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I want to develop a software that will be sell with a RPi 2 or 3. And I want users to use the product as long as they could with a desktop computer (average of 5 years). The RPi will run a small synchronous application using constantly his serial port to get the weight from a weighting indicator connected to a scale. The app will run 7/7 days, 8 hours approximatively but not all the time. It is not a service. Each time the user will want to get the weight, he will click on a button in the browser in his desktop and that will launch the application in the RPi for approximately 1 to 5 minutes (genereally after this time, the user close the web that get the weight from the RPi and that will also stop the application running in the RPi).

Does the RPi 2 or 3 is reliable enough? What are the tricks to do if no or what do you recommend? I'm asking this because I saw over the web they were problems like death of SD card.

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    You should make the SD card read-only. SD cards die when you write to them, not when you read. – GuySoft Dec 28 '16 at 14:34
  • Never heard about that. If true this can really increase its life to 5 years ? – levolutionniste Dec 28 '16 at 14:41
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    Old but related: raspberrypi.stackexchange.com/q/325/19949 – Ghanima Dec 28 '16 at 15:38
  • As the Pi has not been available for 5 years yet this seems like an unanswerable question. – Steve Robillard Dec 28 '16 at 17:53
  • Over 5 years for example. Please pay attention to the title of the question. If you found the question unanswerable just, don't do. – levolutionniste Dec 30 '16 at 6:52
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Maybe worth a read:

https://unix.stackexchange.com/a/84905/25985

Of course, no one is going to put the "1 million years" to a test, but with a decent quality SD card, unless you are writing a high volume to it constantly, there's no reason you can't run one in a Pi 24/7 for 2-5 years. I've gotten into the bottom end of that range before I switched one out because it had a problem e2fsck couldn't solve -- I still think the card may well be fine if I reformatted it from scratch, but I do not see the point in bothering since it only cost $5-10 to replace.

The key point in getting an SD card that will last longer is more size.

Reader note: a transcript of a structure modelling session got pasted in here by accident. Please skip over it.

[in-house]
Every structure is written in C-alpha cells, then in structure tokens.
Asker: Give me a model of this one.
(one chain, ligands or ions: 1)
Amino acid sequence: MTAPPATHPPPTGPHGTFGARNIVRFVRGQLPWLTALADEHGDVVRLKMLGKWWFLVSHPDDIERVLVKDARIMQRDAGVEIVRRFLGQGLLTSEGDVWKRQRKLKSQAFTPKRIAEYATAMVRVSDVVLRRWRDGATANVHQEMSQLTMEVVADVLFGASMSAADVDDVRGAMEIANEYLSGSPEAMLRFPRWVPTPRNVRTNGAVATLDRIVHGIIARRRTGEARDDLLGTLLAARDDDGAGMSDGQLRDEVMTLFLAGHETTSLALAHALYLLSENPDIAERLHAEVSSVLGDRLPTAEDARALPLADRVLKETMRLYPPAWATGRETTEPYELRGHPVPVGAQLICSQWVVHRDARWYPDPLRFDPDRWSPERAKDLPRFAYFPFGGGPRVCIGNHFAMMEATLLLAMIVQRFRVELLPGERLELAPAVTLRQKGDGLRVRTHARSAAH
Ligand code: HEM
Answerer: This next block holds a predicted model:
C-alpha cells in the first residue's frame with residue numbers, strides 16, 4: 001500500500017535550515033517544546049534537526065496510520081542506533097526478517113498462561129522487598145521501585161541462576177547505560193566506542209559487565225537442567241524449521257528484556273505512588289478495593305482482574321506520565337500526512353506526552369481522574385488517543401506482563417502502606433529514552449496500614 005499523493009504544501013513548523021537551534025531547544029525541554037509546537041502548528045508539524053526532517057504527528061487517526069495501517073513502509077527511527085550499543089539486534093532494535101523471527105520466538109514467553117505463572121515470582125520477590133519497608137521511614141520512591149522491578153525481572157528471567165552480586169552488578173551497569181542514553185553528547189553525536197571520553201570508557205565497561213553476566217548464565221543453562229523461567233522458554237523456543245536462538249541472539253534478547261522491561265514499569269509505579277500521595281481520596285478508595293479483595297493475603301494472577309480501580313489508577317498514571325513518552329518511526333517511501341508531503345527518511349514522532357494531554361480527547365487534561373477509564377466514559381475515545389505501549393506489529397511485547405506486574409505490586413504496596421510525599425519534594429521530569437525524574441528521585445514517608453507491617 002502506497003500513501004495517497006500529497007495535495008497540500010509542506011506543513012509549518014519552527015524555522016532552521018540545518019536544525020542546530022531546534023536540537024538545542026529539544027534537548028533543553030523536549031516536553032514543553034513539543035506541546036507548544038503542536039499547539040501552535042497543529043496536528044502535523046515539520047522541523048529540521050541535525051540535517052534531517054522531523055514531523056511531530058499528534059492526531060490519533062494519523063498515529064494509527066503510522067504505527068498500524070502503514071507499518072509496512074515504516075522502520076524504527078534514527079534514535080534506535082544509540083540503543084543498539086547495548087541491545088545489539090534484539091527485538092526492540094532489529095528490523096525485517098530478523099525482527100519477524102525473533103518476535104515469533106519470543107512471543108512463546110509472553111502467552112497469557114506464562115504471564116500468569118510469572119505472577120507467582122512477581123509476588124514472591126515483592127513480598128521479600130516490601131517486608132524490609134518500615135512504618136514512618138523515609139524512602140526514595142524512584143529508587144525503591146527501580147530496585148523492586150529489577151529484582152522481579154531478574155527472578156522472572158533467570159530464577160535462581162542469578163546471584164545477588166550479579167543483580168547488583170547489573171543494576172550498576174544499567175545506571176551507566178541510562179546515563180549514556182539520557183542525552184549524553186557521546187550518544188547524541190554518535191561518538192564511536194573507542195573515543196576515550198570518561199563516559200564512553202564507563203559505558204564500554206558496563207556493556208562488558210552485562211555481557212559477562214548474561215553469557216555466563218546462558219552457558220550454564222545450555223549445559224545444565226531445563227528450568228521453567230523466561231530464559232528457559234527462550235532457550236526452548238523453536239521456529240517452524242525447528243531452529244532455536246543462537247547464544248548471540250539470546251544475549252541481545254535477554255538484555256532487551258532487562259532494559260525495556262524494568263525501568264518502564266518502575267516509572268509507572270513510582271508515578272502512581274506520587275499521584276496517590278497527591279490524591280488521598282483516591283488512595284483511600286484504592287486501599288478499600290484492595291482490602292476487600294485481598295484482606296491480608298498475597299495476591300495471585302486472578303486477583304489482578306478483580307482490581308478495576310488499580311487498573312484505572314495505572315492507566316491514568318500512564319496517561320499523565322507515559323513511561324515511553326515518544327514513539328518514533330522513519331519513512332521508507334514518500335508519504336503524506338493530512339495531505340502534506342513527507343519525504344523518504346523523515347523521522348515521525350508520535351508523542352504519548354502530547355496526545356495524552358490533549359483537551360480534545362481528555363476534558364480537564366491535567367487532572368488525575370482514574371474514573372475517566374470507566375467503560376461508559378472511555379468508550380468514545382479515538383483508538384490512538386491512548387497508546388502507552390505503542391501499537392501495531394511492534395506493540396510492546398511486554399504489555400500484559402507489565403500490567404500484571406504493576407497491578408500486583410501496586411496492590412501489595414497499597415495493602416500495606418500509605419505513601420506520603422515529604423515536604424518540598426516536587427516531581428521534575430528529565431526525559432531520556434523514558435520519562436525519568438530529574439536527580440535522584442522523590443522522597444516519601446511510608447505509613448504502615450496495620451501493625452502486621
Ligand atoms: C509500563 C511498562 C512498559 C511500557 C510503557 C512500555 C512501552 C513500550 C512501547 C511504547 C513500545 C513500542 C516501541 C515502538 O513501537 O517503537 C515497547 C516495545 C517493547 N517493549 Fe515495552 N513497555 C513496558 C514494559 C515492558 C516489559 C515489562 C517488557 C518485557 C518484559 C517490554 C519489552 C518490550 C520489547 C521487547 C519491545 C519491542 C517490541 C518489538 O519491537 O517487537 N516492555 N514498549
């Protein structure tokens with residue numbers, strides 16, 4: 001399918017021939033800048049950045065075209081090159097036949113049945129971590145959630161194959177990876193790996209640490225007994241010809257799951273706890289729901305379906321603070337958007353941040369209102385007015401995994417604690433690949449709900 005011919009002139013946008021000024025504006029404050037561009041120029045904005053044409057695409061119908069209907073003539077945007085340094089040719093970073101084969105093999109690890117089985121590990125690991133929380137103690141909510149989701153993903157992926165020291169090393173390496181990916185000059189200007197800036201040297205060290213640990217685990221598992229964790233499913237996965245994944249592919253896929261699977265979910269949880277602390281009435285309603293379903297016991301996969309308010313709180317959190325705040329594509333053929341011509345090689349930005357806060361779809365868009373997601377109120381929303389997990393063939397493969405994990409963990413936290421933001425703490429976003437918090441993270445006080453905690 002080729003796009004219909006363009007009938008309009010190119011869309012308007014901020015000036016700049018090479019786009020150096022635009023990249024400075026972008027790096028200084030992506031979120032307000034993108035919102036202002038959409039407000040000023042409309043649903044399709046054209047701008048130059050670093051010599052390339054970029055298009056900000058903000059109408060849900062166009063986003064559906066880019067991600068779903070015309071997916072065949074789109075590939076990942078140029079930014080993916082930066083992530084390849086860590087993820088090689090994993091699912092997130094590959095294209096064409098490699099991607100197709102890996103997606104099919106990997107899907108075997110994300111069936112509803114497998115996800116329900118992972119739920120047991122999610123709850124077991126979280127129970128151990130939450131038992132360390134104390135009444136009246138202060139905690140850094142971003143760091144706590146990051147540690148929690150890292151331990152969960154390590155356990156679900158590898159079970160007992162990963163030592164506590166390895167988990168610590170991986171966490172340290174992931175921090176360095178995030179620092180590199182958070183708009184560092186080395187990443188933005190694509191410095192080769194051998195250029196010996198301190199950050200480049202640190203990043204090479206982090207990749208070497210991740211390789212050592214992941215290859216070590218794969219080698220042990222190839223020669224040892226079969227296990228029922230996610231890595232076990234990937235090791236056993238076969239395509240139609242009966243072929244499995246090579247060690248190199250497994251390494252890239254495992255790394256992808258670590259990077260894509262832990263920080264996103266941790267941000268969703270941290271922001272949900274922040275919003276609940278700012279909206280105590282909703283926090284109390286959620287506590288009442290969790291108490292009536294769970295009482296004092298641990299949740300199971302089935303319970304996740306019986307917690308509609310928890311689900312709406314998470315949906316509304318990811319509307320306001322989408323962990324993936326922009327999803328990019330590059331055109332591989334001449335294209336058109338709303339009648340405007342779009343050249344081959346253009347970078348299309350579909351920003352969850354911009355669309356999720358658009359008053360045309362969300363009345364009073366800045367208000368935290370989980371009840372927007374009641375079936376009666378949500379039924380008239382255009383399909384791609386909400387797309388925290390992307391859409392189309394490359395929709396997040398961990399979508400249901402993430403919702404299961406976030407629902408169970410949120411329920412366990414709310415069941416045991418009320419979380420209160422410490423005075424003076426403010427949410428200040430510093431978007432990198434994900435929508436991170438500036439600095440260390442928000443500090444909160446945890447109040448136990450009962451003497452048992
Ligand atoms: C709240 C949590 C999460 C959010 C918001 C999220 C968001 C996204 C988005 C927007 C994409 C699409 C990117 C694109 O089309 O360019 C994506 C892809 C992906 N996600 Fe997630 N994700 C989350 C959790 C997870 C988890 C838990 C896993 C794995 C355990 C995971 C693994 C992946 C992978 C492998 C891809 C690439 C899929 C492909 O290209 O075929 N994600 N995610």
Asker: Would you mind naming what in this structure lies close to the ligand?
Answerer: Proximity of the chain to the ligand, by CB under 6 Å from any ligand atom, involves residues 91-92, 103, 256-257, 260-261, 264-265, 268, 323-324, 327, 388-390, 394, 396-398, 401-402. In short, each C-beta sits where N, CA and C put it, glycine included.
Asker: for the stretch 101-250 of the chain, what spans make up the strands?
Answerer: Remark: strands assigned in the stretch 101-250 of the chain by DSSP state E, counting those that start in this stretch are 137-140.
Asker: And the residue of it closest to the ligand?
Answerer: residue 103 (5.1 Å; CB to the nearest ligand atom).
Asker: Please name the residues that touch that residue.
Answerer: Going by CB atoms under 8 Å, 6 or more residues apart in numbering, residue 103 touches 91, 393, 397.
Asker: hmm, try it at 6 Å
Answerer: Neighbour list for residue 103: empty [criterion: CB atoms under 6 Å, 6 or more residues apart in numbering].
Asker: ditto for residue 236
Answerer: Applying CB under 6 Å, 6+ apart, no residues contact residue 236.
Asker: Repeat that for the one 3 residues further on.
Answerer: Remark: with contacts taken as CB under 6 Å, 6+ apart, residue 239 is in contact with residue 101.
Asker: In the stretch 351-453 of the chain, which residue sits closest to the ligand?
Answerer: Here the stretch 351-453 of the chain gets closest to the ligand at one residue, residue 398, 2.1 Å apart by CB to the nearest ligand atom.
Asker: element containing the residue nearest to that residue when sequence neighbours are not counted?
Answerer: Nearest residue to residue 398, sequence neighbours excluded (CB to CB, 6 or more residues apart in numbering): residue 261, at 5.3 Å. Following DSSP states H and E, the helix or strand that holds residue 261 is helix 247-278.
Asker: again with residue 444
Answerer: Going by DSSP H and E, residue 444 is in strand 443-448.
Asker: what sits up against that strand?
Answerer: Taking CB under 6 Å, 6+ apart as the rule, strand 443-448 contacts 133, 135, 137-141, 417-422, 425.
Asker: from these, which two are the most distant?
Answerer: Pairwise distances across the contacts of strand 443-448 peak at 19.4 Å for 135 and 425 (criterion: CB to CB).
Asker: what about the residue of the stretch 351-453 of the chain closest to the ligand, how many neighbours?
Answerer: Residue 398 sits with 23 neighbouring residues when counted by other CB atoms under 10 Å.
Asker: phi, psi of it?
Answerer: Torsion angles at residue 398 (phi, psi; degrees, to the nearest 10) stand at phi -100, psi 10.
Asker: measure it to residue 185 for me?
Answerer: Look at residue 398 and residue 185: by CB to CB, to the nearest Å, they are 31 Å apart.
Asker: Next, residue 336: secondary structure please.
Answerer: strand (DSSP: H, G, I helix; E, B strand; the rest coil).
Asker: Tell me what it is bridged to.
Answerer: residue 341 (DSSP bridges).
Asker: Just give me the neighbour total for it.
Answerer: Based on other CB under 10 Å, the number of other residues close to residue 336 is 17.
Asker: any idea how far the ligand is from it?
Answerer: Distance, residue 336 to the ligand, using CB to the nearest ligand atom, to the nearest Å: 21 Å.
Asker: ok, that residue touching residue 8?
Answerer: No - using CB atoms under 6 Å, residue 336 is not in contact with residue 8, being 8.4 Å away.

As in, more than you need. If the total volume of information on the card is going to be ~6-8 GB, use a 16 GB card. If you are worried the user will then just fill it up, format it so there is only an 8 GB partition. If you are using a new, decent quality, name brand SD card, it will have some degree of wear leveling as described in the first link above.

Of further interest about that: https://electronics.stackexchange.com/q/27619/52138 (I would read at least the top two answers there, which provide a range of information...the second one is probably good for actual hints about brands, e.g., Sandisk seems to come out as a wise choice for a reason.)

This means despite the fact that you've only allocated 8 GB of space, the entire volume of the card will be in use; things that are frequently changed will be moved around, and there will be more places to move them to, meaning the same places get re-used less, meaning the card will last longer.

So, literally, one might expect a 16 GB card containing the same volume as an 8 GB card to last twice as long.

However, if you are someone who is selling other people a product and you wish to be responsible, create something of quality, etc., you should also have a simple system allowing your users to back up to a USB stick or something, and then restore to a new SD card from that. If you are not that kind of person then who cares how long the card lasts, hopefully you can make your money now and not have to care about where things are at in 6, 18, 36 months, etc.

  • I really appreciate your answer because I plan to sell abroad.So I plan to use Sandisk SD card 10 level,** 16GB formatted to use 8GB , ** develop a back up solution or because I'm not sure I will store anything on that SD card, I could just provide a web protected link allowing my clients to download the disk image (embedding the presinstall app) anytime they face a problem needing to reinstall the RPi. Thanks again. – levolutionniste Dec 28 '16 at 16:17

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